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Service Oriented Architecture

Introduction

Service Oriented Architectures (SOA) has become a buzzword these ways. Generally, it is confused with Web Services. But SOA is an architectural concept and web services are one way of implementing them.

The software is growing complex everyday. Modular designs, object-oriented approaches, and component based software were proposed by researchers to address complexity and promote re-use. However, issues of maintenance, deployment, and integration of large-scale software remained problem until the advent of SOA. By adopting a SOA, you eliminate the headaches of protocol and platforms and your applications integrate seamlessly.

This article discusses the SOA in general, covering the key points, requirements and issues involved in service-oriented computing. We will dive deeper into SOA how this architecture allows faster integration and execution play.


SOA Analogies

The principles of SOA can be found in numerous places. That is to say, there are examples that abound that are analogous to the SOA ideal. Consider how different items . potentially manufactured by different vendors -- integrate together to provide some repeatable service.
For instance, a DVD player, which can connect to virtually any TV, can also play just about any DVD movie. Those same DVDs can be played on another device, such as a laptop, or automobile entertainment system. All of these devices integrated with the DVD provide common operational service, although the quality of the service may be different.

As another example, consider batteries which are used for numerous consumer electronic devices. The common service provided is loosely coupled power. It is possible to take the same AA batteries out of a MP3 player, and plug them into a small flashlight, or wireless mouse to receive for power needs.

Similarly, the objective of SOA is to minimize unnecessary dependencies among systems and software elements. This in effect, is what loose coupling is all about.

Key Components of SOA

The first step in learning something new is to understand its vocabulary. In the context of SOA, we have the terms service, message, and dynamic discovery. Each of these plays an essential role in SOA [1].

Services
A service in SOA is an exposed piece of functionality with three properties:
1. The interface contract to the service is platform-independent.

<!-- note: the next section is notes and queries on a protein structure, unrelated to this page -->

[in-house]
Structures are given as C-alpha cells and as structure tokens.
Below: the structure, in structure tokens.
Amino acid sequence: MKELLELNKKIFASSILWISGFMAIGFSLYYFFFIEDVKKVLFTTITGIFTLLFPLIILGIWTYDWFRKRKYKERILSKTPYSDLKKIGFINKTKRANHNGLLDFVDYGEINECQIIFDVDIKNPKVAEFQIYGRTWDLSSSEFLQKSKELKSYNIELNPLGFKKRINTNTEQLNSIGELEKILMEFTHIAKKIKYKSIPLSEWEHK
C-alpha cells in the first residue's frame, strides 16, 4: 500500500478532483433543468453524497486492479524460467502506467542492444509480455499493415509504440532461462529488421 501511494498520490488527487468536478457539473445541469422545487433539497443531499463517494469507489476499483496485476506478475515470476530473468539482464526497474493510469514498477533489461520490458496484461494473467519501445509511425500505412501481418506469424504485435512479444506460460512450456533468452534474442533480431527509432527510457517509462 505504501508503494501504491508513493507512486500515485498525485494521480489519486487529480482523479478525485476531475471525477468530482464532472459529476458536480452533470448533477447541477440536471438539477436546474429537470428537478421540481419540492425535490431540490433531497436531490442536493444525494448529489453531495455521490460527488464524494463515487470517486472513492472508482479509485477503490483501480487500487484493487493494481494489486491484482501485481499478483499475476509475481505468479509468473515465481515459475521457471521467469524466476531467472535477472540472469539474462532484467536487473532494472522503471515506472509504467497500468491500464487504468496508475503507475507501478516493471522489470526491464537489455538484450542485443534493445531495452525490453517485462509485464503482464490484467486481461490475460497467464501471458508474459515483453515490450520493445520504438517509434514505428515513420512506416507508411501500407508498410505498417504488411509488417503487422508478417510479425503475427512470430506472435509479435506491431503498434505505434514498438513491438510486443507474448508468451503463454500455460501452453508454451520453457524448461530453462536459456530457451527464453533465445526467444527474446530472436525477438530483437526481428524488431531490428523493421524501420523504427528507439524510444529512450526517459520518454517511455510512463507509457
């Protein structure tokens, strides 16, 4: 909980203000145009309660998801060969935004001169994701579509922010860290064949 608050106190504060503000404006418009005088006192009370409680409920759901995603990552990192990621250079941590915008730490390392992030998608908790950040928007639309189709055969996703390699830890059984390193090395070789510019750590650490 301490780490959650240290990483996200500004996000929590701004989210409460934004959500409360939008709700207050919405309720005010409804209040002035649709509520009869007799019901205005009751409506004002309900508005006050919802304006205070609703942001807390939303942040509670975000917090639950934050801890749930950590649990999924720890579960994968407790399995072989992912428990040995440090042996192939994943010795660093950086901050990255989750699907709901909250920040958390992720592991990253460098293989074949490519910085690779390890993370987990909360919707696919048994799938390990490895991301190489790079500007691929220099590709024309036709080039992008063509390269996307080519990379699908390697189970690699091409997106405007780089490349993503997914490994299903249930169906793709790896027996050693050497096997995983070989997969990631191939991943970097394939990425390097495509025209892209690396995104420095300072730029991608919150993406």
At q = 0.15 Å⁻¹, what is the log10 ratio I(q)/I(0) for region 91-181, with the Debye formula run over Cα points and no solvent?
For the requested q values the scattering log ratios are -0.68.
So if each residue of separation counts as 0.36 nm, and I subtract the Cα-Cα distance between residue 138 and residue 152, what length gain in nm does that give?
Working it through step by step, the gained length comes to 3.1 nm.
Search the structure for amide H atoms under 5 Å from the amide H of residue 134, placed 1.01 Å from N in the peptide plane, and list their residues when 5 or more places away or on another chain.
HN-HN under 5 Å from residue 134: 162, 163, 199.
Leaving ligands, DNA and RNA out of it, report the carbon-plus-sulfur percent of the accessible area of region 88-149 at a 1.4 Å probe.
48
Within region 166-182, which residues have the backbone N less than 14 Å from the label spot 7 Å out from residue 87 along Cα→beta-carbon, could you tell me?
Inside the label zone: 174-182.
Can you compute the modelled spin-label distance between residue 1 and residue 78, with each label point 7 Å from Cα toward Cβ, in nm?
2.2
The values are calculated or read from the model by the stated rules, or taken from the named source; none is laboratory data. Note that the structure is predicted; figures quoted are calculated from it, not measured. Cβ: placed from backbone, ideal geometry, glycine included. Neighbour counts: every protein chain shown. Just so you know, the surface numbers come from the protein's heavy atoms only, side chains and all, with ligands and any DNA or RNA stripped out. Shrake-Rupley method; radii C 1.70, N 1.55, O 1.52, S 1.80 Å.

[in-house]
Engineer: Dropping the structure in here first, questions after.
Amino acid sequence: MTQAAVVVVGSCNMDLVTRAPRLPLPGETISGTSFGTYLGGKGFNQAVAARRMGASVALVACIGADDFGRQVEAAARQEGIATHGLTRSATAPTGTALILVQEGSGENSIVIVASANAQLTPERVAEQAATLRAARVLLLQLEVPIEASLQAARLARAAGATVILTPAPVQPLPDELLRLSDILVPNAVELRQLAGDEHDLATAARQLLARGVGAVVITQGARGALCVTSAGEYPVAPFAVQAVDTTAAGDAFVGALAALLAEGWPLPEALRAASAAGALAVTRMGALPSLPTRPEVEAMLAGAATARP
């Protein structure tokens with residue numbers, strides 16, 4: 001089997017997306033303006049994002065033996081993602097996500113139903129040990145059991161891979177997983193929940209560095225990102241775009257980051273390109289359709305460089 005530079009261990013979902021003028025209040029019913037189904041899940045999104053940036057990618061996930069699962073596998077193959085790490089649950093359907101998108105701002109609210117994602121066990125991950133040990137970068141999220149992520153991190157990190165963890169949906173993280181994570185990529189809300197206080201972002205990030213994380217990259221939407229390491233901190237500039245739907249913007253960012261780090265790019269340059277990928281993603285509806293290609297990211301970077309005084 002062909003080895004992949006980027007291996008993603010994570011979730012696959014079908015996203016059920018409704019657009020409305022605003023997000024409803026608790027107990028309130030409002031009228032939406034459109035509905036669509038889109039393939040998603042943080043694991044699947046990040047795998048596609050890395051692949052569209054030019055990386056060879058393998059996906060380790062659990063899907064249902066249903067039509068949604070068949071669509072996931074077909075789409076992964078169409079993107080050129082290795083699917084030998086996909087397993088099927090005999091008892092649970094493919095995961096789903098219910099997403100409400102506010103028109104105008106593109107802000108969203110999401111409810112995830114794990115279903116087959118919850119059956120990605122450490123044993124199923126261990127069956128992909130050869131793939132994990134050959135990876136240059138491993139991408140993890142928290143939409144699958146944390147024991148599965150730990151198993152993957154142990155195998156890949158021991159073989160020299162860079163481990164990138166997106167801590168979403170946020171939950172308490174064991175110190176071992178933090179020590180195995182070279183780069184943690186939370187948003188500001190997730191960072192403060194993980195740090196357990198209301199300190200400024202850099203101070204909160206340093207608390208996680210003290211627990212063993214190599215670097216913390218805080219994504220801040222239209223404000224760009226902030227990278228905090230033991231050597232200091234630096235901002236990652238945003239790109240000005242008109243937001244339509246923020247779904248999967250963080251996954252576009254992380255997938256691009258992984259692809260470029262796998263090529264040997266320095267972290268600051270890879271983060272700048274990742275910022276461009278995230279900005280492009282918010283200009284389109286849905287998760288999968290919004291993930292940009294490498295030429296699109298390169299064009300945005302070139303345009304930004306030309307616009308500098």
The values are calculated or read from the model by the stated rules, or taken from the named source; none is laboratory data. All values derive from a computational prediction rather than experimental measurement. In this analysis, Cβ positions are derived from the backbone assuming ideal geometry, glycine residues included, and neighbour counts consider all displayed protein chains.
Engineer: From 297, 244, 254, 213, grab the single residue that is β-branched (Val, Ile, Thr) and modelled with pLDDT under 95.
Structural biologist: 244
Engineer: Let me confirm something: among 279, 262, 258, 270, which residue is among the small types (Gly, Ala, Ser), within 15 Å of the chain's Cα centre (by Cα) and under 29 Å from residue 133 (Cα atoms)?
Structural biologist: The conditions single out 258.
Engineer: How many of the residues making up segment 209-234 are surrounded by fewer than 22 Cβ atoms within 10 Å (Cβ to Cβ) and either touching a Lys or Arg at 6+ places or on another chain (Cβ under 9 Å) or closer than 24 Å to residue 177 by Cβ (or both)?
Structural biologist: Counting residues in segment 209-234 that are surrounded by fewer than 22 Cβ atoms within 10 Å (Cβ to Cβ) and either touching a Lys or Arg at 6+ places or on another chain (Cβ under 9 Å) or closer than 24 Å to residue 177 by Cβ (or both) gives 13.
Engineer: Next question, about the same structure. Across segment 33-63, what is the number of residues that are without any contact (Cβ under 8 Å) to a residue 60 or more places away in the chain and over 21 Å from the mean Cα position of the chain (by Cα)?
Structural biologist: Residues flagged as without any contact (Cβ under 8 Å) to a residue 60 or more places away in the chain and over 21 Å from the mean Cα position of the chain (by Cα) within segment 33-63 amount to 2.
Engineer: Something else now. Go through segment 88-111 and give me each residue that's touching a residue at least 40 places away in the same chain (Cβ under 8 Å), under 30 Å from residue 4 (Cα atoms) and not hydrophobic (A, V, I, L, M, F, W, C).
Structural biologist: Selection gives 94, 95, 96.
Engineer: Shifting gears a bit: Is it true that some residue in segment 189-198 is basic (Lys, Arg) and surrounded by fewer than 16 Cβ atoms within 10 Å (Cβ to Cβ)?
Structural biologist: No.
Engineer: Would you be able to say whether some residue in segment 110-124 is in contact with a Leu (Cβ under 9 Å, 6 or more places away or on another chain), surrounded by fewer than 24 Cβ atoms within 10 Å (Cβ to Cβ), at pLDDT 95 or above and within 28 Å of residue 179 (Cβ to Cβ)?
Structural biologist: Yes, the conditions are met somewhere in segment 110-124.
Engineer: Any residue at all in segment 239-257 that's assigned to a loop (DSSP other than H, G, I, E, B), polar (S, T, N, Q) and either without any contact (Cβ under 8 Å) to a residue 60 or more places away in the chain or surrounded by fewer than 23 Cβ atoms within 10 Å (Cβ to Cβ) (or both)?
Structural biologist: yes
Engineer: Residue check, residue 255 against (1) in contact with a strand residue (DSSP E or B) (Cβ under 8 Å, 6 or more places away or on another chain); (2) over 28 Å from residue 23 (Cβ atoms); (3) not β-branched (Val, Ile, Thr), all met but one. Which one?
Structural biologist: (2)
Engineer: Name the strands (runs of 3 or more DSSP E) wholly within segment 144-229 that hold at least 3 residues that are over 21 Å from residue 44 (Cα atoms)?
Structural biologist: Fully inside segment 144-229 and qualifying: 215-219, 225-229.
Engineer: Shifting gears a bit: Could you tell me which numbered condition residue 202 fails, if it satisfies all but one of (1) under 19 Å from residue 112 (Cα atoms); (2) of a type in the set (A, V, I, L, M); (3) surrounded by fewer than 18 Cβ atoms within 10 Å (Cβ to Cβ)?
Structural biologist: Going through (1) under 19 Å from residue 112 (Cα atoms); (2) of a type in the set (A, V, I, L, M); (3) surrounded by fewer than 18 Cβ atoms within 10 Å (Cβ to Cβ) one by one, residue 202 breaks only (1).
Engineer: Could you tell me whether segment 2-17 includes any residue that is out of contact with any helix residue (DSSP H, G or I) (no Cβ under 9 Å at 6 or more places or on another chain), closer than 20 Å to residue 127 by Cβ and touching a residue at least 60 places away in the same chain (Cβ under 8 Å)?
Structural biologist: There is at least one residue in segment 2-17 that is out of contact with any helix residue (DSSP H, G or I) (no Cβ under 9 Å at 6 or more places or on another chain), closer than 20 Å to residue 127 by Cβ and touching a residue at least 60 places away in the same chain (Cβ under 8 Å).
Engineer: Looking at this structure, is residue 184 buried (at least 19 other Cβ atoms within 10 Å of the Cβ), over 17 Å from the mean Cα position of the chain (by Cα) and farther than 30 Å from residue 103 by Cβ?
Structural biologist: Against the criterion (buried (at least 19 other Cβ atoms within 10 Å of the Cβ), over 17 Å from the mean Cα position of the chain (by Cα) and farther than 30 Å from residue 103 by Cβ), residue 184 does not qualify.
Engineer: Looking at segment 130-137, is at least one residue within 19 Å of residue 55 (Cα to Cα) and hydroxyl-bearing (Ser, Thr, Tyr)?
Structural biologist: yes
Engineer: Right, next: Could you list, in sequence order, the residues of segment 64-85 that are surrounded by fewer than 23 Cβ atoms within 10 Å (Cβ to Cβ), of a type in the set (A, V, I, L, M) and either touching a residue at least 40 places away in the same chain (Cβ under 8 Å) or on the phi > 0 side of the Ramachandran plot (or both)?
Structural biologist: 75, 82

2. The service can be dynamically located and invoked.
3. The service is self-contained. That is, the service maintains its own state.

A platform-independent interface contract implies that a client from anywhere, on any OS, and in any language, can consume the service. Dynamic discovery hints that a discovery service (e.g., a directory service) is available. The directory service enables a look-up mechanism where consumers can go to find a service based on some criteria. For example, if I was looking for a credit-card authorization service, I might query the directory service to find a list of service providers that could authorize a credit card for a fee. Based on the fee, I would select a service (see Figure 1). The last property of a service is that the service be self-contained.


Figure 1: Directory service
Message
Service providers and consumers communicate via messages. Services expose an interface contract. This contract defines the behavior of the service and the messages they accept and return. Because the interface contract is platform- and language-independent, the technology used to define messages must also be agnostic to any specific platform/language. Therefore, messages are typically constructed using XML documents that conform to XML schema. XML provides all of the functionality, granularity, and scalability required by messages. That is, for consumers and providers to effectively communicate, they need a non-restrictive type of system to clearly define messages; XML provides this. Because consumers and providers communicate via messages, the structure and design of messages should not be taken lightly. Messages need to be implemented using a technology that supports the scalability requirements of services. Having to redesign messages will break the interface to providers, which can prove to be costly.

Dynamic Discovery